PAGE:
Reprinted from the Sunday Oakland Press, October 8, 2006
By: Art Vuolo
Some weeks back, I reported on the combo confabs of two major radio conventions running simultaneously in Dallas. It was a double effort of the National Association of Broadcasters (NAB) and trade giant Radio and Records (R&R). It was hoped that there would be intermingling between the two conventions, but they were seemingly more segregated than the South in the 1950s. The suits were at the NAB, while the casuals were at the R&R.
Don’t misread my comment. There was simply less interaction than organizers had hoped for. It was a noble effort though, and each gathering had stellar lineups of panels and activities where attendees learned much about the future of the business.
I felt that satellite radio was overly portrayed as radio’s worst enemy. It’s not. At television conventions, cable stations such as HBO, Bravo, the History Channel and CMT are not positioned as enemies. It’s all just TV. Why can’t AM, FM, HD, XM and Sirius all be accepted as radio?
A great deal of awards were handed out at both confabs. At the R&R, the big winner, as outlined previously, was rock WRIF-FM (101.1), but former Detroiter Rob Striker won for Manager of the Year in markets 101-plus, as he now runs the Citadel Group in Lansing. Our own Dick Purtan at classic Top 40 WOMC-FM (104.3) also won as the oldies personality of the year.
The Marconi Awards, radio’s version of the Oscars that’s put on by the NAB, had no Detroit-area winners. The only Michigan nominee was pop WLHT-FM in Grand Rapids.
Bob & Tom, heard statewide except in Detroit, won their fifth Marconi and two more R&R awards. They’re good.
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It’s been a while since I’ve recommended a book for fans of the wireless, but Don Tanner’s newly released “No Static at All” (iUniverse, $15.95) is a winner. I found it difficult to put down. Tanner, who did time as a radio DJ and a reporter for news WWJ-AM (950), has written a quick read of fewer than 200 pages that takes the reader down a scenic road of radio and pop music in the past 35 years. It’s laced with the names of many stations you will recognize and the radio personalities who made them a part of our lives.
I was surprised to see positive musings about Ann Arbor-native John Records Landecker in Chicago and even a nice plug for “the little radio station that could,” classic hits WHMI-FM (93.5) from Howell. Livingston County’s only station is owned by award winning Detroit native Greg Jablonski and wife Marcia. It’s a true “mom and pop” station that superserves it’s audience. Landecker is a Chicago radio legend who inspired a plethora of young people to enter the broadcasting industry.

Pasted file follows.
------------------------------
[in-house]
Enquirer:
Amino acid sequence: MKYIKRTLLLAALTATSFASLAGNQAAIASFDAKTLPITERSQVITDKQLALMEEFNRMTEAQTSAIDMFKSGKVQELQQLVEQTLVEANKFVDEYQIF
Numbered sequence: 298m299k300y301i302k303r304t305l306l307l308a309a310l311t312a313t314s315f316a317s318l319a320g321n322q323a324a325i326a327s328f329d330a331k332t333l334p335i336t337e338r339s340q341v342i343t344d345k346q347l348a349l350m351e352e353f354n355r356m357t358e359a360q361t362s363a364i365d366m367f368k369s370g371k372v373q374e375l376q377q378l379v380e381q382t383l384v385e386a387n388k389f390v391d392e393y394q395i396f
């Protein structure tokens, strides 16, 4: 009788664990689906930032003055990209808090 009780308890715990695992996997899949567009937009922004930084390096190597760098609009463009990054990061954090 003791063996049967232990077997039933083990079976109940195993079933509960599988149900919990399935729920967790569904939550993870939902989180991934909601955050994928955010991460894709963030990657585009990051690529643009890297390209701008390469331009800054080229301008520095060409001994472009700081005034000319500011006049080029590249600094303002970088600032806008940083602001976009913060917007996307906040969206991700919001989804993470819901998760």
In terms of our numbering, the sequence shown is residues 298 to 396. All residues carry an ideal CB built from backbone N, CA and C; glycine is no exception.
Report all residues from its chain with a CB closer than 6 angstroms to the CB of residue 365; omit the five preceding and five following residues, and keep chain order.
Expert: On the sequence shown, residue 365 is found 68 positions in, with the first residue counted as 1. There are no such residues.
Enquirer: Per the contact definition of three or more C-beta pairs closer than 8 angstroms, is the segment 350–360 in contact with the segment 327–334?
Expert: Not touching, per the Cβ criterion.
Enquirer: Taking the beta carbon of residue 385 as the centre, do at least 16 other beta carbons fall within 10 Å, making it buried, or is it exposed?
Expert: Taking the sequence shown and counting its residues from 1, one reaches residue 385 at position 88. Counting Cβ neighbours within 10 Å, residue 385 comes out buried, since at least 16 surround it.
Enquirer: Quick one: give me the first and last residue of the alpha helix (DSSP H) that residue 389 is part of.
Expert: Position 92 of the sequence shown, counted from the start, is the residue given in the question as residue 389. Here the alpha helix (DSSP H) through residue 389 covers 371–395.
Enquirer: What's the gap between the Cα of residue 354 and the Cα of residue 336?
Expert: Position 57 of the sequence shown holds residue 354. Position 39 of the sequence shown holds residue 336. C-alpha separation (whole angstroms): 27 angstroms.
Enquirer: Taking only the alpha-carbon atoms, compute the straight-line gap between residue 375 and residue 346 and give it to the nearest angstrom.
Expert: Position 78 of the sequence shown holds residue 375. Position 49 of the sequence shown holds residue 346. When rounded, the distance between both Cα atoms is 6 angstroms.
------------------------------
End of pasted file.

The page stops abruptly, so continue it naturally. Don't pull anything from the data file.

Pick up a copy at Amazon.com or order direct at www.iuniverse.com. If you have even a slight passion for radio, this is the book for you.
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Nostalgia CKWW-AM (580) will welcome a new host to “When Radio Was” as the venerable Stan Freberg retires from the program. He will be succeeded by radio historian Chuck Schaden. The show airs 11 p.m. weekdays and is worth a listen, even though the 580 signal is a tough pull in western sections of Oakland County.
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A little more than a year ago, the last Detroit Radio Reunion was held at the Sheraton in Novi. (DVDs are still available from that event through www.vuolovideo.com.) Well, on Oct. 27, that same venue will be the place to celebrate Halloween 2006, thanks to pop WMGC-FM (105.1). Mark your calendars now and learn more at www.magic1051.com.
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Are you a part of a local band? Would you like to open for the Barenaked Ladies on Oct. 27 at The Palace? It’ll happen for one lucky local band, thanks to pop-contemporary WDVD-FM (96.3). The “play-off” will be Oct. 21 at Memphis Smoke in Royal Oak. Details and official rules are at www.963wdvd.com.
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Do you remember the tunes of the Prohibition era, played at establishments known as speakeasies? Well, Tom Wilson will feature the music of Fred E. Finn and his banjo-playing wife, Mickie, on the “Somewhere in Time” program at 6 p.m. today on WMUZ-FM (103.5).
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On Saturday, Michigan fans got to once again hear the Wolverines over powerful news-talk WJR-AM (760), as it was the annual “backyard brawl” between U-M and MSU. The only problem for U-M supporters was George Blaha’s blatant bias toward the Spartans. What time did that game end? Most fans had fun finding their cars in the dark. Thank goodness for the mild weather.
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Art Vuolo has published the Radio Guide for more than 30 years and runs Vuolovideo.com.